Follow-up after treatment for penile cancer

Follow-up after treatment is an important part of cancer care. Follow-up for penile cancer is often shared among the cancer specialists (oncologists), the surgeon, the urologist and your family doctor. Your healthcare team will work with you to decide on follow-up care to meet your needs.

Don’t wait until your next scheduled appointment to report any new symptoms and symptoms that don’t go away. Tell your healthcare team if you have:

  • any new growth on the penis
  • any new swelling of the penis
  • any new swelling in the groin

The chance that penile cancer will come back (recur) is greatest within the first year, so you will need close follow-up during this time.

Schedule for follow-up visits

Follow-up visits for penile cancer are usually scheduled:

  • every 3 to 6 months for the first 2 years
  • every 6 to 12 months for the next 3 years

Men who have had treatments that didn’t involve removing the penis should be followed for longer than 5 years.

During follow-up visits

During a follow-up visit, your healthcare team will usually ask questions about the side effects of treatment and how you’re coping.

Your doctor may do a physical exam, including:

  • checking the penis, groin and pelvic area
  • feeling the lymph nodes in the groin

Tests are often part of follow-up care. You may have:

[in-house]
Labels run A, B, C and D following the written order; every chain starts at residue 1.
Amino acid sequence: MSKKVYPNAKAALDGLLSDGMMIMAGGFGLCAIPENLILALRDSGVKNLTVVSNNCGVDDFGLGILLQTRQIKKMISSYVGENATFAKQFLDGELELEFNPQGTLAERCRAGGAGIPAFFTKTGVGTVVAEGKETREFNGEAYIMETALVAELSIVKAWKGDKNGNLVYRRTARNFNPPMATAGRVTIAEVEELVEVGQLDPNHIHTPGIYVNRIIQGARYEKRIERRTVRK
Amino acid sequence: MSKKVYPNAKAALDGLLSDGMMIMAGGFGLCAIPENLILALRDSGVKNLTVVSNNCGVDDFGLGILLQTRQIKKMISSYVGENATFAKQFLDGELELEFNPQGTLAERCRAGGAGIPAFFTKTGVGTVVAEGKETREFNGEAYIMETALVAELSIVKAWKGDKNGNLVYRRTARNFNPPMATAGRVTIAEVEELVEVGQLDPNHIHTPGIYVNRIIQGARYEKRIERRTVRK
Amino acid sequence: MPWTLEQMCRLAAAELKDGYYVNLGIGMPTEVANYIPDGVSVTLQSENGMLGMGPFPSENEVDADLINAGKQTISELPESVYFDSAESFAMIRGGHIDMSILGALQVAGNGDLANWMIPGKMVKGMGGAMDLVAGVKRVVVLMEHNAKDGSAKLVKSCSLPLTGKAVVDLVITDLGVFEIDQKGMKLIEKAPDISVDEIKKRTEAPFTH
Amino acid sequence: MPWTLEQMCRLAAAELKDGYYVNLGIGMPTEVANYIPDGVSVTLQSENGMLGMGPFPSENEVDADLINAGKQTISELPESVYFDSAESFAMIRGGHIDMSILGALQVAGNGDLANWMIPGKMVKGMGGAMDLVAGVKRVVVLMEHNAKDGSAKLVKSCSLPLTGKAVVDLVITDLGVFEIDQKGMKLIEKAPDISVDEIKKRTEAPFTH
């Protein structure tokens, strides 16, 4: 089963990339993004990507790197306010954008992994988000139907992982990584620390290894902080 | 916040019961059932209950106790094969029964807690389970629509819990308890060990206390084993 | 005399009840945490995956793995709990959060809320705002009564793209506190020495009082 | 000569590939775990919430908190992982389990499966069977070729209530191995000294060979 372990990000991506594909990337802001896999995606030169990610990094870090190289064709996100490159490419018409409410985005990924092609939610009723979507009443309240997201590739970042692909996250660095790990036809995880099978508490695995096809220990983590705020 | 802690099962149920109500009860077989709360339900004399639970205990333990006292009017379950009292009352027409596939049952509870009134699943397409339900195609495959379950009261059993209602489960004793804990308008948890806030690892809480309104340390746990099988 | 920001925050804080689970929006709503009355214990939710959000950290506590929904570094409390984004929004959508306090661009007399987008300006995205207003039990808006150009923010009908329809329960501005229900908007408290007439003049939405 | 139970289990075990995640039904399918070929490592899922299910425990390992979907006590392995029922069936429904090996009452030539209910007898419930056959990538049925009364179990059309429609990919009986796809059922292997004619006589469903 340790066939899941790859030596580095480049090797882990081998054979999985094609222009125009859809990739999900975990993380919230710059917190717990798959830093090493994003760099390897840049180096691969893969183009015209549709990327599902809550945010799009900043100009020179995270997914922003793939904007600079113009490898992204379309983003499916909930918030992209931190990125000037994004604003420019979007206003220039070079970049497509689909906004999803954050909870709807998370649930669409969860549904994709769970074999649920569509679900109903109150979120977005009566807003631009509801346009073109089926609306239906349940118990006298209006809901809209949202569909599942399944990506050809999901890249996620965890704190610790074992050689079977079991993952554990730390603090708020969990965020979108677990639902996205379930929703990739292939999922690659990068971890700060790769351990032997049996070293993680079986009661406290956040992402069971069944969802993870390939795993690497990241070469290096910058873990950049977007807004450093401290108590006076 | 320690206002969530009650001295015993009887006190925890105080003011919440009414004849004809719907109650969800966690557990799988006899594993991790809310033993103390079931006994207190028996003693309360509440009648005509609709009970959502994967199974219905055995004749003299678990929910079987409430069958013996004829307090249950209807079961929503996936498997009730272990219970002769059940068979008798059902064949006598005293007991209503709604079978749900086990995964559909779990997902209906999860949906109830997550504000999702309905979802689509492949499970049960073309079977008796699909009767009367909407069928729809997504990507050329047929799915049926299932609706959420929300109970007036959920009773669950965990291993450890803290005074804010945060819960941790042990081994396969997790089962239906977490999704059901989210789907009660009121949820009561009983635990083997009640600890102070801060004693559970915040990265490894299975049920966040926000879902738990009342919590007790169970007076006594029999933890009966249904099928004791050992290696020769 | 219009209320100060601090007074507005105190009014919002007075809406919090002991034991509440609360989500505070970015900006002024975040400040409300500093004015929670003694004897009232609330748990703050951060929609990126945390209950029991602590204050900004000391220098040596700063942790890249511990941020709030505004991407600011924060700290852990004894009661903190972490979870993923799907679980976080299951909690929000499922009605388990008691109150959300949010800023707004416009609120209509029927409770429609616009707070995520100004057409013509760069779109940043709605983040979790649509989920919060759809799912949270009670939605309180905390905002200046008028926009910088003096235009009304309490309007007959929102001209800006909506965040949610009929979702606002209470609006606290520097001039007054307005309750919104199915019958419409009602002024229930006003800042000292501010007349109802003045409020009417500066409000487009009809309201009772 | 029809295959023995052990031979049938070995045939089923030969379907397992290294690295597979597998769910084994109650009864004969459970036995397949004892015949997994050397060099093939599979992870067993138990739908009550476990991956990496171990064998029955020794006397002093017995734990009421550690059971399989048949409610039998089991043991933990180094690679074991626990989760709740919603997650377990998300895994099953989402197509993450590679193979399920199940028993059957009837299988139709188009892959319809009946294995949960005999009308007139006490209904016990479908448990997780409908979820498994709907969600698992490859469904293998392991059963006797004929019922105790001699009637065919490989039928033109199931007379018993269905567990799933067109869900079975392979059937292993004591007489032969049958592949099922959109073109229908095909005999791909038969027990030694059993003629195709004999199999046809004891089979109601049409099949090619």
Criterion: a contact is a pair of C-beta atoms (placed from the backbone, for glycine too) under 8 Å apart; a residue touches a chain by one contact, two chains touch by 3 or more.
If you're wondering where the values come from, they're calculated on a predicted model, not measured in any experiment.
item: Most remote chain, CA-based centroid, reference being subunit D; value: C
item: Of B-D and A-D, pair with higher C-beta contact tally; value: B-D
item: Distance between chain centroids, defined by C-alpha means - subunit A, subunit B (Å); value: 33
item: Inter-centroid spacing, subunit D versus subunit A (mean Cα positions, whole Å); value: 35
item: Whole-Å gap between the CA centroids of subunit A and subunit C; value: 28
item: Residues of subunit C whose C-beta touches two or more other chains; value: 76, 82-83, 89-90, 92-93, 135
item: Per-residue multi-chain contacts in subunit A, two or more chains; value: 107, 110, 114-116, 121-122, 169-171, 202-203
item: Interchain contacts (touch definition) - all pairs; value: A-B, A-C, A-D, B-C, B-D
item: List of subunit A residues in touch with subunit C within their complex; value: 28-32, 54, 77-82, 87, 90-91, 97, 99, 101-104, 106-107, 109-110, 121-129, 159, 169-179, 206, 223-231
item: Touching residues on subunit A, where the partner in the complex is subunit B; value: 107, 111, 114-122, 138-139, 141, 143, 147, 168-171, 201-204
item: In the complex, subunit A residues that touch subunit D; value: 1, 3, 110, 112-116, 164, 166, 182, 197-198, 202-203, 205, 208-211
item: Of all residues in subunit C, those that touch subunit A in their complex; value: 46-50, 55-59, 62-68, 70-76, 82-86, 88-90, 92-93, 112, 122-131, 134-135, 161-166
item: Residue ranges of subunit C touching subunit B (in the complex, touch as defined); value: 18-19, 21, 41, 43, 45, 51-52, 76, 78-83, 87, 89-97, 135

• blood tests
  • a chest x-ray to check for cancer that may have spread to the lungs
  • a CT scan to check for cancer that may have spread to distant areas in the body
  • an ultrasound to check for cancer that may have spread to lymph nodes in the groin
  • a fine needle aspiration (FNA) biopsy to look for changes in the lymph node cells
  • a PET scan to check for cancer that has spread to distant areas in the body

If the cancer has come back, you and your healthcare team will discuss a plan for your treatment and care.

Questions to ask about follow-up

To make the decisions that are right for you, ask your healthcare team questions about follow-up.

Expert review and references

  • Alberta Health Services. Penile Cancer Clinical Practice Guideline GU-006. Alberta Health Services; 2012:
  • American Cancer Society. Penile Cancer. 2015:
  • American Society of Clinical Oncology. Penile Cancer. 2014:
  • Penis. BC Cancer Agency. BC Cancer Agency. Revised ed. Vancouver, BC: BC Cancer Agency; 2011.
  • BC Cancer Agency (BCCA). Cancer Management Guidelines:Penis. 2010:
  • Richter S, Ruether JD, Wood L, Canil C, Moretto P, et al . Management of carcinoma of the penis: consensus statement from the Canadian Association of Genitourinary Medical Oncologists (CAGMO). Canadian Urological Association Journal. 2013.

Medical disclaimer

The information that the Canadian Cancer Society provides does not replace your relationship with your doctor. The information is for your general use, so be sure to talk to a qualified healthcare professional before making medical decisions or if you have questions about your health.

We do our best to make sure that the information we provide is accurate and reliable but cannot guarantee that it is error-free or complete.

The Canadian Cancer Society is not responsible for the quality of the information or services provided by other organizations and mentioned on, nor do we endorse any service, product, treatment or therapy.

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